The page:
In this article, we will tell you how to safely run a generator in a garage using DIY techniques, and what are the potential dangers of running a generator in a garage are without proper safety measures.
Running a generator in a garage is a bad idea if you don’t know the safety precautions and potential dangers of carbon monoxide.
Many homeowners opt to use a traditional or inverter portable generator as a backup power source because it is cheaper and more convenient than a whole standby generator.
While generators are pretty handy, people often forget the danger of using generators inside any enclosed space. I still remember the deaths caused by carbon monoxide released by generators back in 2017 across Central Florida
Why Using A Generator In A Garage Is Dangerous?
There are four risks associated with this situation.
1. Electric Shock:
When running the extension cords from the generator in wet conditions may put you at risk of getting electrocuted.
If you fail to ground the generator’s electrical system, the entire frame of the generator may become electrically charged and cause electrocution.
2. Carbon Monoxide:
The biggest risk of using a generator in an enclosed space let alone in a garage is carbon monoxide poisoning.
CO is a colorless, odorless, and poisonous gas that can cause flu-like symptoms, fatigue, headache, nausea, and prolonged exposure can be fatal.
From 2004 to 2013, 136 deaths occurred with the generator running in the garage. From 2013 to 2022, many more have died from CO poisoning.
According to the National Institute of Standards and Technology, a single portable generator can produce the same CO as 100 cars. Now one can only imagine how much CO can a generator emit in 10 hours.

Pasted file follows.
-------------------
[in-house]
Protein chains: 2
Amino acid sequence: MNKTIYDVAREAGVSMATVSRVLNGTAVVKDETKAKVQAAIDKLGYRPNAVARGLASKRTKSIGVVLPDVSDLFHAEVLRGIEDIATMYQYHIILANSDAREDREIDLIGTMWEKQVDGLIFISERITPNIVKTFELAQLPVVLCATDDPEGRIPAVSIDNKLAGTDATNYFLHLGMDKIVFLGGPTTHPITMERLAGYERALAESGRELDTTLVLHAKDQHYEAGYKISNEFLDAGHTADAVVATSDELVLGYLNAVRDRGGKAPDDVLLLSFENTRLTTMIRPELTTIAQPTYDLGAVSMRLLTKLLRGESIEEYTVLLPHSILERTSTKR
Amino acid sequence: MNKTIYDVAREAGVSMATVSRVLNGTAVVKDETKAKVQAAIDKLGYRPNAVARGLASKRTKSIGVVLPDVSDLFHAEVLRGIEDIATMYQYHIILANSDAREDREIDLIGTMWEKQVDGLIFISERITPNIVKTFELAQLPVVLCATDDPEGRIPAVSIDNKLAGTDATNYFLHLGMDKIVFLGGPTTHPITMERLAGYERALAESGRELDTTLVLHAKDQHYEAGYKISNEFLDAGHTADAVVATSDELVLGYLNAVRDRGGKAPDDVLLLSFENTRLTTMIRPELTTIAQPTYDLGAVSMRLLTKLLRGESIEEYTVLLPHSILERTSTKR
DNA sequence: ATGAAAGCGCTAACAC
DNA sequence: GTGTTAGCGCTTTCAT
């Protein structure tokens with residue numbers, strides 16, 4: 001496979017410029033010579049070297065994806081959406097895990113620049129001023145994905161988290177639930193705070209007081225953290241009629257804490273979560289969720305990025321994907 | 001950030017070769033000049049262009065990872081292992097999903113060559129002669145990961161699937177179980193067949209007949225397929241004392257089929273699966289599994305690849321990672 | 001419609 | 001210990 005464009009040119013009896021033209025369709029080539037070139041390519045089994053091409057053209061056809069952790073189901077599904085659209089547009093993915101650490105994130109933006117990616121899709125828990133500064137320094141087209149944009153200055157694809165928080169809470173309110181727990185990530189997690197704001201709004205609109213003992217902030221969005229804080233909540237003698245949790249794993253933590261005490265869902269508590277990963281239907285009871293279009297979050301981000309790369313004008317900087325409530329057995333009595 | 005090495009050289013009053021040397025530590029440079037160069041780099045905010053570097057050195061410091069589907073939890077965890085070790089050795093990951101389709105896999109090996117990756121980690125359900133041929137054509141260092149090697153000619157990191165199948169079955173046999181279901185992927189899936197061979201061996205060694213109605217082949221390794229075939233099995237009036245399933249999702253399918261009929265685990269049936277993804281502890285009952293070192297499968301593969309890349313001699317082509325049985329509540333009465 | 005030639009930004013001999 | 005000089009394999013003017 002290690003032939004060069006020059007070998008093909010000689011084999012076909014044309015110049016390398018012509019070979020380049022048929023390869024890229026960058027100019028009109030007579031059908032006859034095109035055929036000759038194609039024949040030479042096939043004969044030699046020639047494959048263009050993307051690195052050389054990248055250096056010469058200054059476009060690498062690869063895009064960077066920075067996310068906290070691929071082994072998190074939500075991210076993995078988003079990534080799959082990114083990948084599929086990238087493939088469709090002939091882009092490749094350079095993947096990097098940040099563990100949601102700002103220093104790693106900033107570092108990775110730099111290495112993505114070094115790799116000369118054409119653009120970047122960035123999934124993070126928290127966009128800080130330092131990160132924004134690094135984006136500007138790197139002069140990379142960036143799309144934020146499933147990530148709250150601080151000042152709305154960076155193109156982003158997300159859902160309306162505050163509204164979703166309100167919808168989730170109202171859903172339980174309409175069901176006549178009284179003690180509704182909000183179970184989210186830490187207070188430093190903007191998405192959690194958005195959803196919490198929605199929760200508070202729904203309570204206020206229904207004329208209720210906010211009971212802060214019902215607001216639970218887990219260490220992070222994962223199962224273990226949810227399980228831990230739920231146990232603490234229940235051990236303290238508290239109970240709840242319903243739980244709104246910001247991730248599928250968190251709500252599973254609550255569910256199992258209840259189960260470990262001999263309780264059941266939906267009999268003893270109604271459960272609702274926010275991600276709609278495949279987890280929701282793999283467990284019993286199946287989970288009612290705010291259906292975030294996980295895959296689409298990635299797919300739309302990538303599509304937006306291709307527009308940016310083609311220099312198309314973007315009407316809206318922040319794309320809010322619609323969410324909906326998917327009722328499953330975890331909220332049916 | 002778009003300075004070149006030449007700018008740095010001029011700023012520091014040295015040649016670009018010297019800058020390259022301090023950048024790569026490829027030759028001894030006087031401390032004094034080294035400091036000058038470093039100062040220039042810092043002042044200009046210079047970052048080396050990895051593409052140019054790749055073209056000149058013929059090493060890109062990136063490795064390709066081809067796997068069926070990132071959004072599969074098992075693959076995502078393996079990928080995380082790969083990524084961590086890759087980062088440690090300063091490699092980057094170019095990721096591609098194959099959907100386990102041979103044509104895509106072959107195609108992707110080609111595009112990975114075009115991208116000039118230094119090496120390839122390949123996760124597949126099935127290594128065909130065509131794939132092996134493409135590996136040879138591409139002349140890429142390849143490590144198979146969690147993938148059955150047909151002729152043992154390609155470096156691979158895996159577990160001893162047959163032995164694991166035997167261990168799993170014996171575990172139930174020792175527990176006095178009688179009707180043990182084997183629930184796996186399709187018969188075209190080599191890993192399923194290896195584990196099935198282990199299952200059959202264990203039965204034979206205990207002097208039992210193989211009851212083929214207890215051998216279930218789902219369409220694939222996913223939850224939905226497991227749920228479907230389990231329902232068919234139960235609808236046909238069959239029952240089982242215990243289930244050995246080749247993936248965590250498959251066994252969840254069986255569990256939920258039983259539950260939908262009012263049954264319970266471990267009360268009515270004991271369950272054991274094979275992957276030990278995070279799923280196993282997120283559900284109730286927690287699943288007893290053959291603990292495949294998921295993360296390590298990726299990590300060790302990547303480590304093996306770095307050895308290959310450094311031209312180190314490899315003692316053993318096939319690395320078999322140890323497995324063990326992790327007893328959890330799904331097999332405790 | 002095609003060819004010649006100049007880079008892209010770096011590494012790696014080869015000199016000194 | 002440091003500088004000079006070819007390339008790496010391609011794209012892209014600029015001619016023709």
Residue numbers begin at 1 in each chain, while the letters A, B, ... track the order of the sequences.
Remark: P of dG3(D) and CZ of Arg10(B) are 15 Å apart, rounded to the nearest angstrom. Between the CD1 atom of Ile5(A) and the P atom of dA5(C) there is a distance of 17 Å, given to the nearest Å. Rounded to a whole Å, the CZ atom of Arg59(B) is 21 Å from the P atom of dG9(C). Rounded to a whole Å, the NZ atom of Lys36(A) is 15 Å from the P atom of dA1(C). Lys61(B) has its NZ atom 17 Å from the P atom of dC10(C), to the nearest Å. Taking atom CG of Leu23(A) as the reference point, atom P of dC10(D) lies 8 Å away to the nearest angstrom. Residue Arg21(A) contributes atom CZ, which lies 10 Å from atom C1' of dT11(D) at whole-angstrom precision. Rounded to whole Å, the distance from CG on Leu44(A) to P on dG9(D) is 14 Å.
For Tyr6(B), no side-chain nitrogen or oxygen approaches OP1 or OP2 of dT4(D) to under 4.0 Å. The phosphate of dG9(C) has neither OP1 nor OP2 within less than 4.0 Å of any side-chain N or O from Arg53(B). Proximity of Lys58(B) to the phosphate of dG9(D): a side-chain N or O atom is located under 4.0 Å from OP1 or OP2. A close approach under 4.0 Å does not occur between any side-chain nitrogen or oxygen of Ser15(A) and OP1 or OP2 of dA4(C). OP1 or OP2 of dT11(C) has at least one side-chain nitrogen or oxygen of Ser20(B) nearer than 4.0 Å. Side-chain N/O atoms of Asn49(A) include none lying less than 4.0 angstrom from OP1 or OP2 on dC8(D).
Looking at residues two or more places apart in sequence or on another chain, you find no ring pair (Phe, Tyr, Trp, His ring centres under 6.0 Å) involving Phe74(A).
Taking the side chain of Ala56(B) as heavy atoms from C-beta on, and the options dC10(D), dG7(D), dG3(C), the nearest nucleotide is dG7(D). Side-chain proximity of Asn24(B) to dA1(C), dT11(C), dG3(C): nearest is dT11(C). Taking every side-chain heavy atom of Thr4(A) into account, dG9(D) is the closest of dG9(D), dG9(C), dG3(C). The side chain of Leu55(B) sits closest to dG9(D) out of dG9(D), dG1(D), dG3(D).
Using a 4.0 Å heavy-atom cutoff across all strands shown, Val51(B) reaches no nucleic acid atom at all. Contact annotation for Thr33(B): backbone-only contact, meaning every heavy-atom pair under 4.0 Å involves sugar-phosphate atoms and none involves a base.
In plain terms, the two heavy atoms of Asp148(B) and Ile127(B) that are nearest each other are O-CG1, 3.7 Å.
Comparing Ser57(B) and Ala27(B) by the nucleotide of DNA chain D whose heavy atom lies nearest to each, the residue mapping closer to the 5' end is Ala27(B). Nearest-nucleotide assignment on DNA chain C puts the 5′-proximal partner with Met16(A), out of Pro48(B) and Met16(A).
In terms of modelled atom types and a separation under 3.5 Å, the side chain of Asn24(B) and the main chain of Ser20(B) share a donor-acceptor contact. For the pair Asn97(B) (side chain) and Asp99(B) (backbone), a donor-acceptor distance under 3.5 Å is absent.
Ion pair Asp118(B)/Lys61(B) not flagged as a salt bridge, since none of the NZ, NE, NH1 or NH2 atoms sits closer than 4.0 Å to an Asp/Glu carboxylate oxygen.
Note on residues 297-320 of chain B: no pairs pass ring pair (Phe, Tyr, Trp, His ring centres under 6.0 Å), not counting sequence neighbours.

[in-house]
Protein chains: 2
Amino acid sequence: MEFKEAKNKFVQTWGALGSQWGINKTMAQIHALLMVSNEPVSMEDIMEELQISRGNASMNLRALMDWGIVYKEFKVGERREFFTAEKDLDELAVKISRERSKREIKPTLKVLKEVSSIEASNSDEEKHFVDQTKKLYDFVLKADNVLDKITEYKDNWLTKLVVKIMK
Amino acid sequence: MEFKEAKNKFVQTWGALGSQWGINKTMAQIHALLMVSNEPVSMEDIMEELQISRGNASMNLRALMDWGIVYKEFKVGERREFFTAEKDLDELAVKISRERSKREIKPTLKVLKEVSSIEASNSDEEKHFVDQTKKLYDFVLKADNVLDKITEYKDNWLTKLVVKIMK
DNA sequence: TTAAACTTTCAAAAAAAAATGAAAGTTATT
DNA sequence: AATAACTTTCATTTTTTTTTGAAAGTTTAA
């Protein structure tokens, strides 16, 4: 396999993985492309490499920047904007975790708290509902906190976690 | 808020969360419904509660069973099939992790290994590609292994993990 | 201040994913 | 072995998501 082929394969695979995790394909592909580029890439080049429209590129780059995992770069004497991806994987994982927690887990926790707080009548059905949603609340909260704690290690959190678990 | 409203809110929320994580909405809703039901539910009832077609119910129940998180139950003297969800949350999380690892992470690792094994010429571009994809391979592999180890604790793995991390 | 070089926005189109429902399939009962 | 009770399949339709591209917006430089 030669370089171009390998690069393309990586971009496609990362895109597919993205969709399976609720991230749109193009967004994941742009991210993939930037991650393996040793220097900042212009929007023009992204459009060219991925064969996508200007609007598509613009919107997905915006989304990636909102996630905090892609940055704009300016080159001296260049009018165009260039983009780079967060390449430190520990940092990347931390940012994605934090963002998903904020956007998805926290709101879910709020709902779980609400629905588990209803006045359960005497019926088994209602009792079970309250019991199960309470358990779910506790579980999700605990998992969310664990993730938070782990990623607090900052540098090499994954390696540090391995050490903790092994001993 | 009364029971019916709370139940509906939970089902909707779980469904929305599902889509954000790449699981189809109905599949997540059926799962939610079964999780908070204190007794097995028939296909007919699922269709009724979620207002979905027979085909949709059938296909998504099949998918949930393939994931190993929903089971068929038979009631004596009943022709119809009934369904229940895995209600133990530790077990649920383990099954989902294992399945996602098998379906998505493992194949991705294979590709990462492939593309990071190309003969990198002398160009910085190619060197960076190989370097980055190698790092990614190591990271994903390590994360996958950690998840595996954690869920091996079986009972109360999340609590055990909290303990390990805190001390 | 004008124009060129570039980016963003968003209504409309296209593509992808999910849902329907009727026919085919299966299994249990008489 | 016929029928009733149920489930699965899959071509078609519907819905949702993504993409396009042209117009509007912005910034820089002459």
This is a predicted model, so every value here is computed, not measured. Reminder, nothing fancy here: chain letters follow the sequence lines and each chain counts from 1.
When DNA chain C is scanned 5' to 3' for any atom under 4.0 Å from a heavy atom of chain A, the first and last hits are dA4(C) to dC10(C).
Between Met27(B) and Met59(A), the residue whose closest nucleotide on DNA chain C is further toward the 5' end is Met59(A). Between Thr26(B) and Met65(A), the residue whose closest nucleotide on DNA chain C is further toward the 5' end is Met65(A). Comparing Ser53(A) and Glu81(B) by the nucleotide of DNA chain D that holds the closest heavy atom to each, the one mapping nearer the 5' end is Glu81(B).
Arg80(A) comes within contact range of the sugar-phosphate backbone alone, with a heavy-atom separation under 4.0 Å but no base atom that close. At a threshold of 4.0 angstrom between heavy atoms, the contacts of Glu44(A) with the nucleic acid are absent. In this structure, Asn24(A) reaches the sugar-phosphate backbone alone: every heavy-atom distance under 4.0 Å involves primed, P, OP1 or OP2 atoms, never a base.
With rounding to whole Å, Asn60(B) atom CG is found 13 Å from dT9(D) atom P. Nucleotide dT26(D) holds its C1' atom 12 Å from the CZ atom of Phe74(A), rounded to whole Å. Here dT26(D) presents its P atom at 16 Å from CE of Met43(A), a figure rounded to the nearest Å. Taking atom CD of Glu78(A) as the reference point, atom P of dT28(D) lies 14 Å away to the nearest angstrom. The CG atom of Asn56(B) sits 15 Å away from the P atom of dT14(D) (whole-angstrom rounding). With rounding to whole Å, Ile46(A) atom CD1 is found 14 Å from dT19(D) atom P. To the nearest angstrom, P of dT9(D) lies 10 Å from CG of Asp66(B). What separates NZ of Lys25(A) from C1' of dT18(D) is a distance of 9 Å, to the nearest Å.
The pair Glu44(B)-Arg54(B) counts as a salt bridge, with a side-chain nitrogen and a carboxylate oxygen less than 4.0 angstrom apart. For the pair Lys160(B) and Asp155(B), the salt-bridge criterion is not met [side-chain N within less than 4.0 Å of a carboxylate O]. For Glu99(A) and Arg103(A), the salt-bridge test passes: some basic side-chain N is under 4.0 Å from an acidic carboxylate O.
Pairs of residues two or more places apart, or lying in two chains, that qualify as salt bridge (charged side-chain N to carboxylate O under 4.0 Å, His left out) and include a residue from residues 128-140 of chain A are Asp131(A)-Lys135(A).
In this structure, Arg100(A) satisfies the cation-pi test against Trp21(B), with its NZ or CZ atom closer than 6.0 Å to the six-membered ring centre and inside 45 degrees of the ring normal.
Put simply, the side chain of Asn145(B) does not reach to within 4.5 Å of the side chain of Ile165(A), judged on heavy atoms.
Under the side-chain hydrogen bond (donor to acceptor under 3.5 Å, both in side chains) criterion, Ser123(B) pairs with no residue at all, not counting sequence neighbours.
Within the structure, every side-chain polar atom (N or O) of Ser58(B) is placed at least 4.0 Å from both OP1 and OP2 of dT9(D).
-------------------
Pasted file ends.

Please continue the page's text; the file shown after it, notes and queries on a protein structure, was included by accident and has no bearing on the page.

Even the most advanced inverter generators emit a good amount of carbon monoxide. This deadly gas can find its way through shafts and vents even if the walls between the garage and the living area are well sealed.
Fortunately, I have constructed a soundproof box to suppress the noise, and all of the generators in my collection are super quiet, but noise is one of the biggest issues for any user because it affects the neighbors as well.
If you are also using a super noisy pain-in-the-ass generator, I have a solution for you. Check out my article on how to make a silencer for the generator.
Generator overheating is one of the biggest reasons for explosions. Trapped heating fumes overheat the generator engine and frame that is proper ventilation is vital.
Garages without proper ventilation can be very hot and uncomfortable to enter. You would also risk malfunctioning your generator due to overheating.
How To Safely Run A Generator In A Garage?
The point has been made clear so far that running a generator in a garage is dangerous, but there are some techniques and methods you can use to safely run a generator in a garage.
1. Exhaust Extension:
Making an extension for the exhaust is a safe method to send the heated fumes to a safe and well-ventilated area outside your home.
To make an extension, don’t use plastic or cheap aluminum. This will likely melt. Purchase a suitable coupler that screws directly to the generator exhaust, and attach a metal exhaust tube with muffler clamps. You will find it in any auto parts supply store.